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**Curve and Surface** **Constructions**

**Milind Sohoni**

http://www.cse.iitb.ac.in/˜ sohoni

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**Introduction**

This talk is about the creation of curves and surfaces. These are created by the kernel, say as:

• Projected Curves

• Surface-Surface intersections.

• ^{Extrudes.}

• ^{Blends.}

• ^{Offsets.}

As opposed to the earlier, which was about thecreation of pointswith special properties, this is about the construction of higher dimensional entities such as curves and surfaces. The basic paradigm is:

1. Create Points in a systematic fashion.

2. String them up as control points of a curve/surface.

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**Projected Curves**

Let

### C

be a curve and### S

be a surface. The projected curve### proj

(C, S) con- sists of all points### q

∈### S

obtained by projecting points### p

∈### C

(t) onto### S

. The simplest constructor for this is seemingly straight-forward:1. Depending on tolerance requirements, choose a∆.

2. For

### a

+### n∆

∈ [a, b], project### C

(a +### n∆) = p

_{n}to get

### q

_{n}. 3. Define

### C

^{0}with control points

### q

_{0}

### , . . . , q

_{N}.

*q0*

*qN*
*p0*

*pi*

*pN*

*qi*
*Curve[a,b]*

*Surface*

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**Not So Simple....**

Here is a bad case: The curve

### C

is close to the axis of the almost cylindrical surface. As a result the projected curve is highly unstable.*projected curve*
*original curve*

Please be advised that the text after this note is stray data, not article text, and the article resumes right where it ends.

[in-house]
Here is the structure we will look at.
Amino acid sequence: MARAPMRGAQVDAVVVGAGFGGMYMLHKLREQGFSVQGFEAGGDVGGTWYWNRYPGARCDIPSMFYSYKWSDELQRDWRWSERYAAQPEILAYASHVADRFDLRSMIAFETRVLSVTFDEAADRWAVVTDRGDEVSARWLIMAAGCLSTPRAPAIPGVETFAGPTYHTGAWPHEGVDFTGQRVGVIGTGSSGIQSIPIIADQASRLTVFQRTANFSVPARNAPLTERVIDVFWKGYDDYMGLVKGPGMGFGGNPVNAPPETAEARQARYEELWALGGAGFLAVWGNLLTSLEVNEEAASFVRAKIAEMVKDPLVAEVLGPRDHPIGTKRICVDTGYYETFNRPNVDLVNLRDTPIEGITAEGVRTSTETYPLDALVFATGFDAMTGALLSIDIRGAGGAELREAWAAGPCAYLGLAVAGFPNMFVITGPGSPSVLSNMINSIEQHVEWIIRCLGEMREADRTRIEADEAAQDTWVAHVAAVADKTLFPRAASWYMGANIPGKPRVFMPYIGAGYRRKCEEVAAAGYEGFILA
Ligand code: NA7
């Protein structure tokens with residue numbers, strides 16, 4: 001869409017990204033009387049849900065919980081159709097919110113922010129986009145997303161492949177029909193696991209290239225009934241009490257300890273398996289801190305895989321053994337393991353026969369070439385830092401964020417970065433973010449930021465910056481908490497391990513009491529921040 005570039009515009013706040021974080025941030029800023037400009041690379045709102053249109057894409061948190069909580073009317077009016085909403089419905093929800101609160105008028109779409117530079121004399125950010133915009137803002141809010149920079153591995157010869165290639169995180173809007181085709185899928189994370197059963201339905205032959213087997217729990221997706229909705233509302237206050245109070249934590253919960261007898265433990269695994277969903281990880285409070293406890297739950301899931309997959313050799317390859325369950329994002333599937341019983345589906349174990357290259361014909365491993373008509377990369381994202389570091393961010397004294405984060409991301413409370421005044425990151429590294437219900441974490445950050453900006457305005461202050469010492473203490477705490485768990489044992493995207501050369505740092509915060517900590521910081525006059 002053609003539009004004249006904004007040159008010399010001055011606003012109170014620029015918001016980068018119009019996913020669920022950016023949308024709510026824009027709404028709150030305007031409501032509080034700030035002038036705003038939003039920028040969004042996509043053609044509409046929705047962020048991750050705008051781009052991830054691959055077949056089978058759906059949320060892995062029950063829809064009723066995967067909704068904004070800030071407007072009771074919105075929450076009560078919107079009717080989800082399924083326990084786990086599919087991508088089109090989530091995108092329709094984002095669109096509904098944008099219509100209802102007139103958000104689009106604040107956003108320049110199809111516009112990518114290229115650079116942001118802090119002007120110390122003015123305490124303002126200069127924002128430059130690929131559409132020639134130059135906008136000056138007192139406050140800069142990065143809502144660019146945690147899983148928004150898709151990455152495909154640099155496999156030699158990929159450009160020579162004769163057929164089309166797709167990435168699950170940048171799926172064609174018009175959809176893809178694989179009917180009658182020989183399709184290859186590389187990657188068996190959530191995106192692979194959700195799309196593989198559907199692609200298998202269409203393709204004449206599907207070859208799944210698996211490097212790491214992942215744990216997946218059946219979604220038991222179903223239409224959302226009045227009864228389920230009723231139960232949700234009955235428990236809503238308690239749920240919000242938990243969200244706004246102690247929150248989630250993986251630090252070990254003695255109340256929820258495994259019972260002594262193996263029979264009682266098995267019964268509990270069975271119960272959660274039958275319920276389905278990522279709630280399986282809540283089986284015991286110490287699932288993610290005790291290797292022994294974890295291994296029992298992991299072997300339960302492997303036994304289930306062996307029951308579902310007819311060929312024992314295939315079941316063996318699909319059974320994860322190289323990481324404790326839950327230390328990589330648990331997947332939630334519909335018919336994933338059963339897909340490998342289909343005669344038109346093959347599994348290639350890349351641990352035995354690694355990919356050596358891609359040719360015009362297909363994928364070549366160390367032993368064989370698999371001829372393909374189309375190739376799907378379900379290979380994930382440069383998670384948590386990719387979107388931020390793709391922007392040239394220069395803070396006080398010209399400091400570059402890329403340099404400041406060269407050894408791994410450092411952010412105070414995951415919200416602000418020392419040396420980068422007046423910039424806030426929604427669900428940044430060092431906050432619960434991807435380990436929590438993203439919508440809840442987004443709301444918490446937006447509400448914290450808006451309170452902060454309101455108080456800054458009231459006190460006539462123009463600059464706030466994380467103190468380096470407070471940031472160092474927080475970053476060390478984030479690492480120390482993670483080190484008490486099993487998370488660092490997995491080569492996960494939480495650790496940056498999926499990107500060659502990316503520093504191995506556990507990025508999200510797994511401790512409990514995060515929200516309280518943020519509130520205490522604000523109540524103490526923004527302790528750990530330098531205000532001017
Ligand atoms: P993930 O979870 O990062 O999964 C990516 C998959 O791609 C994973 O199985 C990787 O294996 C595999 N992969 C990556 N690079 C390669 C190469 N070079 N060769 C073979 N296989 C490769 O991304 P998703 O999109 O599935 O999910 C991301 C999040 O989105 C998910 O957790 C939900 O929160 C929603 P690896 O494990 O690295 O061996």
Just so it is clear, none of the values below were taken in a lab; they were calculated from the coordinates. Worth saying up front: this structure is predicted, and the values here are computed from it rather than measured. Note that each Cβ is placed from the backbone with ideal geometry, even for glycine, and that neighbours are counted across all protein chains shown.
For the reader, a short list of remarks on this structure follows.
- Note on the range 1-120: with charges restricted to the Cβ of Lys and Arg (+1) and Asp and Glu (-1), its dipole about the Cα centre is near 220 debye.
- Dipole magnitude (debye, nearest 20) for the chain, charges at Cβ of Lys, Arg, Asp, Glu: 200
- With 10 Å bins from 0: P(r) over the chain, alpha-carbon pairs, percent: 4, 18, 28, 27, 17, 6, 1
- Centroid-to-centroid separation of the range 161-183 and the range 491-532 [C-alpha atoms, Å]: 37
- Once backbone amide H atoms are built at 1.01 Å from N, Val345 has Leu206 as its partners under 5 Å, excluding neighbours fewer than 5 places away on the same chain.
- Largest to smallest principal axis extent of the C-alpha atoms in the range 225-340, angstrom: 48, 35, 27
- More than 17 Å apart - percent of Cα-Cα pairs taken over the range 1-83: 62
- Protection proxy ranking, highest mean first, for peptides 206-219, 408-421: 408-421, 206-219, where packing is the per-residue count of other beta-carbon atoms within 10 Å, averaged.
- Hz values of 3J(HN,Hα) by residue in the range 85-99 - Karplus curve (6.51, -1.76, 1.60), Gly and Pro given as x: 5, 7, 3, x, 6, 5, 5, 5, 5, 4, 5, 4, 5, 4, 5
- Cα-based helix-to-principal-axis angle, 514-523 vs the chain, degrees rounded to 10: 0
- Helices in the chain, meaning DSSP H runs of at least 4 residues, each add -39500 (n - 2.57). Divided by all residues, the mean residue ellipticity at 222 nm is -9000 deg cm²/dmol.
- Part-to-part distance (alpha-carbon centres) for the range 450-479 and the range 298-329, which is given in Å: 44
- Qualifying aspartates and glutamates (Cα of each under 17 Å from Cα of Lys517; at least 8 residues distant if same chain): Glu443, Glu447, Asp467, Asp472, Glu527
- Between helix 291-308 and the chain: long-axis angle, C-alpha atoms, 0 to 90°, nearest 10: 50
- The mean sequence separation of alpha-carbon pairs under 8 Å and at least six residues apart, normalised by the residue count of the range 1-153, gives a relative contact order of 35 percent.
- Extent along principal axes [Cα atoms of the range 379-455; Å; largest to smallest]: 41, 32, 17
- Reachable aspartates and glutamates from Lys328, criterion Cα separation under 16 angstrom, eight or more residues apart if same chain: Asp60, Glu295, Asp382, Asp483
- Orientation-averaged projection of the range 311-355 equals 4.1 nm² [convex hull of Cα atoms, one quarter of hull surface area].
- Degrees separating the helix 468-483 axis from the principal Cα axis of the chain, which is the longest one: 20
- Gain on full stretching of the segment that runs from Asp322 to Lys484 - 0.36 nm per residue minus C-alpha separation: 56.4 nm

*p0*

*p1*

*p2*
*q1*

*q2*
*q0*

This situation has to be detected and the user alerted.

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Lets tackle the point-projection on a curve, which too has the same instabil- ity.

*p*

*q*

*p’*

*q’*

Let

### C

be a curve, and p = (0, h) be a point so that the point q = (0,0) is the closest point to### p

on### C

. Furthermore, let us assume that### C

is given byy = a_{2}

2!x^{2} + a_{3}

3!x^{3} +. . .

Now we exmaine the pointp^{0} = (, h) and see howq^{0} = (x_{0}, y_{0}) moves.

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**Perturbation Analysis**

The equation is the the line

### p

^{0}

### q

^{0}is perpendicular to the tangent at

### q

^{0}. Given the equation defining

### C

, we see that:dy

dx = a_{2}x + a_{3}

21x^{2} + . . .
The perpendicularity condition translates to:

(a_{2}x_{0} + a_{3}

21x^{2}_{0} + . . .) · (y_{0} − h

x_{0} − ) = −1
Simplifying this, and substituting for

### y

_{0}, we get:

(a_{2}x_{0} + a_{3}

21x^{2}_{0} + . . .) · (a_{2}

2!x^{2}_{0} + a_{3}

3!x^{3}_{0} + . . .− h) = − x_{0}

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**Finally...**